A cultural transformation has occurred in the last couple of decades and is now undeniable: companies are now expected to assess, control, and leverage the impact they make in the world. It is no longer enough to be profitable; it is important to contribute to a sustainable planet and a fairer society; it is essential to have a purpose.
Data from an EVERFI consumer survey backs this up:
Beyond consumers’ perceptions, organisations also need to consider the expectations of their workforce 1:
People’s views shape the market. This societal change is now significantly affecting companies’ profits, with investors and banks using social and environmental impact as a criterion for funding an organisation:
- 58% of purpose-driven organisations grew 10% or more in three years, compared to 42% that are not purpose-driven 1
- Over 70% private equity companies in the UK have decided not to close a deal due to environmental, social, or governance concerns 2
- A strong ESG strategy results in an uptick of 10% to 20% in business valuation, and also attracts more interest from investors 3,4
- UK Government procurement teams will take 10% off an organisation’s score if it doesn’t have a solid CSR/ESG strategy
What is organisational purpose?
What does it mean to be driven by purpose? A company’s purpose is twofold: to solve issues for people and for the planet, and to not gain from causing problems. This means not only returning interests on investment, but reducing a company’s impact on the environment, delivering value for clients, providing meaning to employees, contributing positively to society, and encouraging positive changes and innovation.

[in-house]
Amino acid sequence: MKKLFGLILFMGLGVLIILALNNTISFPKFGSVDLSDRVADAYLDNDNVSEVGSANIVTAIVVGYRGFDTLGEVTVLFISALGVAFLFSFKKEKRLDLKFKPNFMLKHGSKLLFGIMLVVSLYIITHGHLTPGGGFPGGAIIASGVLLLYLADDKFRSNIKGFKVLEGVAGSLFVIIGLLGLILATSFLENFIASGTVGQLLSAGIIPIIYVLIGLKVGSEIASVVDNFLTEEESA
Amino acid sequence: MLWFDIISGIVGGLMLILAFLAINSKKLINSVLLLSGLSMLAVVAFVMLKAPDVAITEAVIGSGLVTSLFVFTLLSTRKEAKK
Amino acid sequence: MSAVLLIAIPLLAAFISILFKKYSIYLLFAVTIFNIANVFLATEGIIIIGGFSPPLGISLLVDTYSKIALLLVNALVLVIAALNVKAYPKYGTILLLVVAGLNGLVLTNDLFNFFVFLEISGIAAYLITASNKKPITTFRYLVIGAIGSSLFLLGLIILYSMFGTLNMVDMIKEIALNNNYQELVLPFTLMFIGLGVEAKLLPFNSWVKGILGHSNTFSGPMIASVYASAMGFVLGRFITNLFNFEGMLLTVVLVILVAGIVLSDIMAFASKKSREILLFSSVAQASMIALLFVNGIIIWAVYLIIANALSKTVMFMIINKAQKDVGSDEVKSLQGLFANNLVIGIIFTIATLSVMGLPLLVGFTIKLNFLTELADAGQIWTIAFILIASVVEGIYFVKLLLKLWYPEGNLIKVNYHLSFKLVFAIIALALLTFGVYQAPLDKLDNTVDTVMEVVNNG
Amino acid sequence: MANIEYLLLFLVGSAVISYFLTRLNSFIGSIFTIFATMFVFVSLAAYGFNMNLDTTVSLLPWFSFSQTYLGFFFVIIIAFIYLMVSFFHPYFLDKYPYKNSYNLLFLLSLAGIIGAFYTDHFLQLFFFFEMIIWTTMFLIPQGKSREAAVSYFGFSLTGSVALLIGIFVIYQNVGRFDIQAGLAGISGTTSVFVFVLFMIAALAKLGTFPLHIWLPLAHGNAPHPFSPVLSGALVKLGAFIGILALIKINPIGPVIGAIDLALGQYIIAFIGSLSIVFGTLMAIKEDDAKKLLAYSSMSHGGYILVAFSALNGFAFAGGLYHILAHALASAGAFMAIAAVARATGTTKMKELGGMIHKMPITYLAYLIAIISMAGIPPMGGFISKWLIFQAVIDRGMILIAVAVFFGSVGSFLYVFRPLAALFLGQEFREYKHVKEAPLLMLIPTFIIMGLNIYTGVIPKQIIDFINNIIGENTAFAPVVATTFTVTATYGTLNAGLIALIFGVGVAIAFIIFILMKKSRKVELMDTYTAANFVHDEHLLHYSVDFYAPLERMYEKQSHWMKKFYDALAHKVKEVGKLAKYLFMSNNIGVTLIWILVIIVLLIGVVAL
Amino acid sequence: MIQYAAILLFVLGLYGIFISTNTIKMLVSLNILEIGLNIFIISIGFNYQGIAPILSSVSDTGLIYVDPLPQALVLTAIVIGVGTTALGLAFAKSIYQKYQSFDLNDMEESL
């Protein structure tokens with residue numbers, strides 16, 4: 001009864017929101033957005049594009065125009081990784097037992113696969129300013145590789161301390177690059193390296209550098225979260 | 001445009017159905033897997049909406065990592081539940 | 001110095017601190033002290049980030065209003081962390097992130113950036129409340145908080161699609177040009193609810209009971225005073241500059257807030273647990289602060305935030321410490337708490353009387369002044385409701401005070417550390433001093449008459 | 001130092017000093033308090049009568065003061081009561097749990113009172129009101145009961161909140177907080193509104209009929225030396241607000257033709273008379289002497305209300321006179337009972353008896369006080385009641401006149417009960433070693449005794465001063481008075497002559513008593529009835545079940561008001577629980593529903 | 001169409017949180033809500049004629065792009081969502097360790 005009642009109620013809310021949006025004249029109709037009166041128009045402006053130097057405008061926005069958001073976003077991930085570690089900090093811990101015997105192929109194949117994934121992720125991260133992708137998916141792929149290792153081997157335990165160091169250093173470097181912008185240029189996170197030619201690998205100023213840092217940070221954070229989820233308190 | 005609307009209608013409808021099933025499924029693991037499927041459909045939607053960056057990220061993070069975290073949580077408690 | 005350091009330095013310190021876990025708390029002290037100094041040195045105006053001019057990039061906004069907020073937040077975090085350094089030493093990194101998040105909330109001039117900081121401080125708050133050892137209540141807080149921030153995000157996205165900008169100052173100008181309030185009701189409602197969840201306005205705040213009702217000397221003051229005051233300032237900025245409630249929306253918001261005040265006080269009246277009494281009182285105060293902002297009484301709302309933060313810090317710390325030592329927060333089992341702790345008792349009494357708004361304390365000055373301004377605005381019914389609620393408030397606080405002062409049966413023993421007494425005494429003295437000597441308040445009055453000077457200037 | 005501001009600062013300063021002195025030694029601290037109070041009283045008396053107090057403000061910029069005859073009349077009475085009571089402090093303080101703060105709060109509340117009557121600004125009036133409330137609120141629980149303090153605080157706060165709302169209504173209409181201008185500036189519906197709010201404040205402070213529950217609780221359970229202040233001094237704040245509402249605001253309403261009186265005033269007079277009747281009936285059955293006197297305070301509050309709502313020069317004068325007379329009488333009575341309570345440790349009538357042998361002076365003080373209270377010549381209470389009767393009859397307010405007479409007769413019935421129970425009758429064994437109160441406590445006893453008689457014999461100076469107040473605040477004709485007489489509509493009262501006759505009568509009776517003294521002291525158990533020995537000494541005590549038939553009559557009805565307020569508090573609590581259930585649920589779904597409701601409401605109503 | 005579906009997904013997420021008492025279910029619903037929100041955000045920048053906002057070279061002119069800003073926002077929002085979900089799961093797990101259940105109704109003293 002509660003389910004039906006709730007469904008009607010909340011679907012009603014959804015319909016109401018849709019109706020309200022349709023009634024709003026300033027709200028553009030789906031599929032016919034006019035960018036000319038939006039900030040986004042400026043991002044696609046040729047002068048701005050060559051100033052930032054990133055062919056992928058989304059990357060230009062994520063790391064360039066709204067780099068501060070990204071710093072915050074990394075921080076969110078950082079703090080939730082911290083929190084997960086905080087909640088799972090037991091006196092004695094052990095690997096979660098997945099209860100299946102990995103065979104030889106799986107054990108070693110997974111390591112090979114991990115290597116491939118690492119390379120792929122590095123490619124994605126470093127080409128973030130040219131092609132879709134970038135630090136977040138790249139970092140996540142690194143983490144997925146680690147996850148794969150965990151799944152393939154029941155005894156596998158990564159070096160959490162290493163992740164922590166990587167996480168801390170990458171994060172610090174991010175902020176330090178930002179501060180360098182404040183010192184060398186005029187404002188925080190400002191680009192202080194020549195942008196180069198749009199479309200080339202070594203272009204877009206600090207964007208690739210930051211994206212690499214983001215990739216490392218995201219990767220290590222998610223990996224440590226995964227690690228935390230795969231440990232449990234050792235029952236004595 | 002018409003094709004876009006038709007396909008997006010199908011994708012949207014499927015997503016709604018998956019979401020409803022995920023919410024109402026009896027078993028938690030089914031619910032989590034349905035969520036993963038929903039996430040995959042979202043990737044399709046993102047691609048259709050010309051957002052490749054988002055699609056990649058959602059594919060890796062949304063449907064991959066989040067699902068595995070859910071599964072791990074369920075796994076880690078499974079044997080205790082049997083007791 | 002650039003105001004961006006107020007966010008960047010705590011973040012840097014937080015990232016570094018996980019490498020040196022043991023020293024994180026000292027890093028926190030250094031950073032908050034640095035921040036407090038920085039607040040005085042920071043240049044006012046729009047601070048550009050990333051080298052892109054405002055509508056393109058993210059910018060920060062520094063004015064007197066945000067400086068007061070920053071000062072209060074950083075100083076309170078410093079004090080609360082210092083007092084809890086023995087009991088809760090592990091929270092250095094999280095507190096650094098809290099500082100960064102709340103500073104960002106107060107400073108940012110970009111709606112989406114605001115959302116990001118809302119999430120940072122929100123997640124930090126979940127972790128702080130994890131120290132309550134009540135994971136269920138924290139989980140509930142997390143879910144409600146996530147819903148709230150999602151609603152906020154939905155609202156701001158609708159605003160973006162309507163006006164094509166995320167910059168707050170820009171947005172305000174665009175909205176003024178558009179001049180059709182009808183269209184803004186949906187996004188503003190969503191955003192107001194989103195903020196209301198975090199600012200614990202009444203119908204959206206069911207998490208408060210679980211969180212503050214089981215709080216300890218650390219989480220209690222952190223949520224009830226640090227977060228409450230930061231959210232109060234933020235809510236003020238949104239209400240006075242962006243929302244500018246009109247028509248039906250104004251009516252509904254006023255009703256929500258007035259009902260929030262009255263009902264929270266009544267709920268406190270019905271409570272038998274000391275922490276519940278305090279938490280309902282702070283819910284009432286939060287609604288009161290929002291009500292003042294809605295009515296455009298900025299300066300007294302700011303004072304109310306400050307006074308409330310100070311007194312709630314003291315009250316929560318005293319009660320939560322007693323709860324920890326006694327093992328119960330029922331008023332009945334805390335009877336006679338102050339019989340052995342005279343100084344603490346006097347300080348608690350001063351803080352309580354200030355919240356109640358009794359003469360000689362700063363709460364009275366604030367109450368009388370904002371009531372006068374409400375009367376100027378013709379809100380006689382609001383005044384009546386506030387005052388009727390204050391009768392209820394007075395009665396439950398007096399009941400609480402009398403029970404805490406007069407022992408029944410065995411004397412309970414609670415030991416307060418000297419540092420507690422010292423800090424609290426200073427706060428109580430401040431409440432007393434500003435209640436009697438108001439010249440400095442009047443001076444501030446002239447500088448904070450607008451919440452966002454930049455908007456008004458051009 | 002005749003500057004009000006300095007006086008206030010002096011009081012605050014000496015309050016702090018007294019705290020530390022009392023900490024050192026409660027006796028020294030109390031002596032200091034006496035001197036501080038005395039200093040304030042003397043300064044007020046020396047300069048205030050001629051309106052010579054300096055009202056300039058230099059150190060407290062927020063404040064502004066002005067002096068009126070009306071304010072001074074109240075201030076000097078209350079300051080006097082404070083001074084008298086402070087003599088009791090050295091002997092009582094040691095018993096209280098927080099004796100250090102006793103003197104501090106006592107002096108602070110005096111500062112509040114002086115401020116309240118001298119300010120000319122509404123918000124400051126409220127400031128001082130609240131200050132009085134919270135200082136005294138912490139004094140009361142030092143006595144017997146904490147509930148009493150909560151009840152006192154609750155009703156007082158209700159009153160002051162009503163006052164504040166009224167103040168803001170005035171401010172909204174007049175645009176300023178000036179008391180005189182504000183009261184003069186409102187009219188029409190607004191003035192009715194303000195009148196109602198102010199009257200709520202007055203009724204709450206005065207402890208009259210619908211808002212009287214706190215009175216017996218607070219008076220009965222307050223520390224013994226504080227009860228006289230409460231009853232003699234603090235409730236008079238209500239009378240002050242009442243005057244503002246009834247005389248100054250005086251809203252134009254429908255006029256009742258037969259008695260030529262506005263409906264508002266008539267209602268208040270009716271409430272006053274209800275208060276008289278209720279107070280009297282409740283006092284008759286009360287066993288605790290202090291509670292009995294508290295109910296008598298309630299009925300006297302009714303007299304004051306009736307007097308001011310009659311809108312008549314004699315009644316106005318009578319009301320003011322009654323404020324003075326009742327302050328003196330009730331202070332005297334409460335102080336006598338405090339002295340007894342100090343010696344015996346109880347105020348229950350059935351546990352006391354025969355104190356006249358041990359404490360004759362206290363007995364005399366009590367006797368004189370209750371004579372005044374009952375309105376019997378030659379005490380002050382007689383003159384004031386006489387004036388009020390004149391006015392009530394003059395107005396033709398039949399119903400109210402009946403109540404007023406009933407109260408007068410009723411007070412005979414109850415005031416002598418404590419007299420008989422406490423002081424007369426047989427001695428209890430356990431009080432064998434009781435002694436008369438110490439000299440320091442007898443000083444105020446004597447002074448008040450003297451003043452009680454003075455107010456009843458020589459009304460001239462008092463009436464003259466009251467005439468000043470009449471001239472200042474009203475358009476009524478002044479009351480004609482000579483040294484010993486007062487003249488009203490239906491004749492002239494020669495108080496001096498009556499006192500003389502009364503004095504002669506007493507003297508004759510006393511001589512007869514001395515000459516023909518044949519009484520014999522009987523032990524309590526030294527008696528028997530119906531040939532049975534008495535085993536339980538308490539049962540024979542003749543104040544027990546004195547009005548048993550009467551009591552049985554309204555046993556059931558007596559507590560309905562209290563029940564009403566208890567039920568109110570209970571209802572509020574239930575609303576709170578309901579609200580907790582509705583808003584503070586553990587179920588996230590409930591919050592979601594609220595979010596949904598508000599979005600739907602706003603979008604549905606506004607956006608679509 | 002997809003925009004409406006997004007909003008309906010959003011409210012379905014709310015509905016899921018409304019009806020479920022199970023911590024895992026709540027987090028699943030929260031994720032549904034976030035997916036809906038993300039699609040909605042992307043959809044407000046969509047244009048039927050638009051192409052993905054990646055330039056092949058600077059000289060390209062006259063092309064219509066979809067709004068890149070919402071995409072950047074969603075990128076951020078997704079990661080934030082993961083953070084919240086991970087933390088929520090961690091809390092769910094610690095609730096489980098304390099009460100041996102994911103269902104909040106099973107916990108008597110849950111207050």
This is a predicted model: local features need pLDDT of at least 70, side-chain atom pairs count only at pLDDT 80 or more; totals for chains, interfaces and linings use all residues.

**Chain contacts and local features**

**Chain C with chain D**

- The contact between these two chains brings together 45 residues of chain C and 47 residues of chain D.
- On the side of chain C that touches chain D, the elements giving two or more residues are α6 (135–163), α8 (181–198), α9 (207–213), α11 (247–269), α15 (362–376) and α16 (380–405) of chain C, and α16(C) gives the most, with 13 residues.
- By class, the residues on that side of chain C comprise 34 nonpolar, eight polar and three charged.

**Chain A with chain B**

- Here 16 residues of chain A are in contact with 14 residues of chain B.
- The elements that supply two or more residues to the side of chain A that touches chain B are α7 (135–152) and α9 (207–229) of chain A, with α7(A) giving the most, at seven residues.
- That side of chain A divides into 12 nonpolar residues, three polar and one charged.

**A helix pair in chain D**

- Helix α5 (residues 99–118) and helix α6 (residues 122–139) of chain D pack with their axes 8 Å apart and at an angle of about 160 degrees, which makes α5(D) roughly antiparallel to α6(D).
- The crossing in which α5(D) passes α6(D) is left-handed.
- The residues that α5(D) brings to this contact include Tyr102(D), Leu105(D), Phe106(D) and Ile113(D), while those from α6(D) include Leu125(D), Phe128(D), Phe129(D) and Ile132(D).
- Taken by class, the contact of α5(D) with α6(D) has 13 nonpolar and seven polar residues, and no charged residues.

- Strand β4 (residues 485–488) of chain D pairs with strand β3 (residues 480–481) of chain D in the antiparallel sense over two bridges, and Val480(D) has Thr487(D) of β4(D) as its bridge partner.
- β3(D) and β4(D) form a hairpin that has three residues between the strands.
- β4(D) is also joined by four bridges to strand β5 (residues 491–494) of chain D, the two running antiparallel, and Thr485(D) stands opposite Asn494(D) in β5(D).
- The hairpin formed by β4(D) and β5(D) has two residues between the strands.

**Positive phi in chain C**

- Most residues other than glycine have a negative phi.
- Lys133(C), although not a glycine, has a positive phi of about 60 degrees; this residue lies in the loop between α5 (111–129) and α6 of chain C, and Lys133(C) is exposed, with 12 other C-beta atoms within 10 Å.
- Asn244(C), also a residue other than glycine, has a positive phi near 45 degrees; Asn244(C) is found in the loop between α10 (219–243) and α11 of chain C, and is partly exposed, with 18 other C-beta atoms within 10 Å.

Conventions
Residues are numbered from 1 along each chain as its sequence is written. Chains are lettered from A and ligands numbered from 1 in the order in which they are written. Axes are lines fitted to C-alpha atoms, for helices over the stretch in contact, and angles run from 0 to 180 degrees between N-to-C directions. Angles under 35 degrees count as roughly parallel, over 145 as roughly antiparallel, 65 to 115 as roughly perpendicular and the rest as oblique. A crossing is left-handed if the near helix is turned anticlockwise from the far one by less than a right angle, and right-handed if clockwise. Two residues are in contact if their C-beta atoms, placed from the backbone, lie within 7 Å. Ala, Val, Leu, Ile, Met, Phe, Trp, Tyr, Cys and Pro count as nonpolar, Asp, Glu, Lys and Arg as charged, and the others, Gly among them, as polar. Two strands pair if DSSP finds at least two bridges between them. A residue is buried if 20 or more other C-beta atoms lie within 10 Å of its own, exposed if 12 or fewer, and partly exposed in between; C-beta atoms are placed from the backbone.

‘A company’s purpose is to solve issues for people and for the planet’
Organisational purpose is often referred to in terms of Corporate Social Responsibility (CSR), Environmental, Social, and Governance (ESG) strategy, community engagement, corporate sustainability, or impact investing. These concepts differ in scale, scope, and intent, and their definition is also influenced by the department under which their responsibility falls.
In the UK, organisational purpose translates into programmes overseen by functions as varied as Human Resources, Marketing, and Public Affairs. More recently, there has been an increase in job roles focused specifically in driving organisational purpose: there is an increasing number of people heading departments of Responsible Business, Social Purpose, ESG, CSR, and similar functions.
What does social purpose look like?
While organisational purpose should run deep in corporate strategy and in all corporate activities, external stakeholders can normally see only the initiatives focused on improving society at large. These can include a variety of programmes, from short term to long, from a small scope to a significant impact. Here are a few examples, for reference and inspiration:
- Community outreach events and programmes
- Educational programmes, including skills development
- Investment in infrastructure and community spaces
- Awareness and behaviour change campaigns
- Knowledge sharing and early careers support
- Employee volunteering
Social purpose initiatives can also focus on a variety of community sectors, depending on an organisation’s industry, location, values, and social or environmental impact. A company may choose to focus on the community surrounding its local headquarters or to reach more broadly across a country; it may help the elderly or young mothers, children, young adults, former prisoners, unemployed people, and so on. A bank might want to offer its prospective clients financial education, a cosmetics company may choose to raise awareness of sun safety, a supermarket might sponsor a competition to help school children learn about healthy eating, and a technology company may help children develop STEM skills. Organisations can impact society in a myriad of ways.
Time for action
With the wide acknowledgement that it is imperative to be driven by organisational purpose and to practise corporate social responsibility, it is time to act. Any organisation not embedding an authentic mission into its strategy will be left behind by consumers, the workforce, and investors. What is your organisation’s purpose?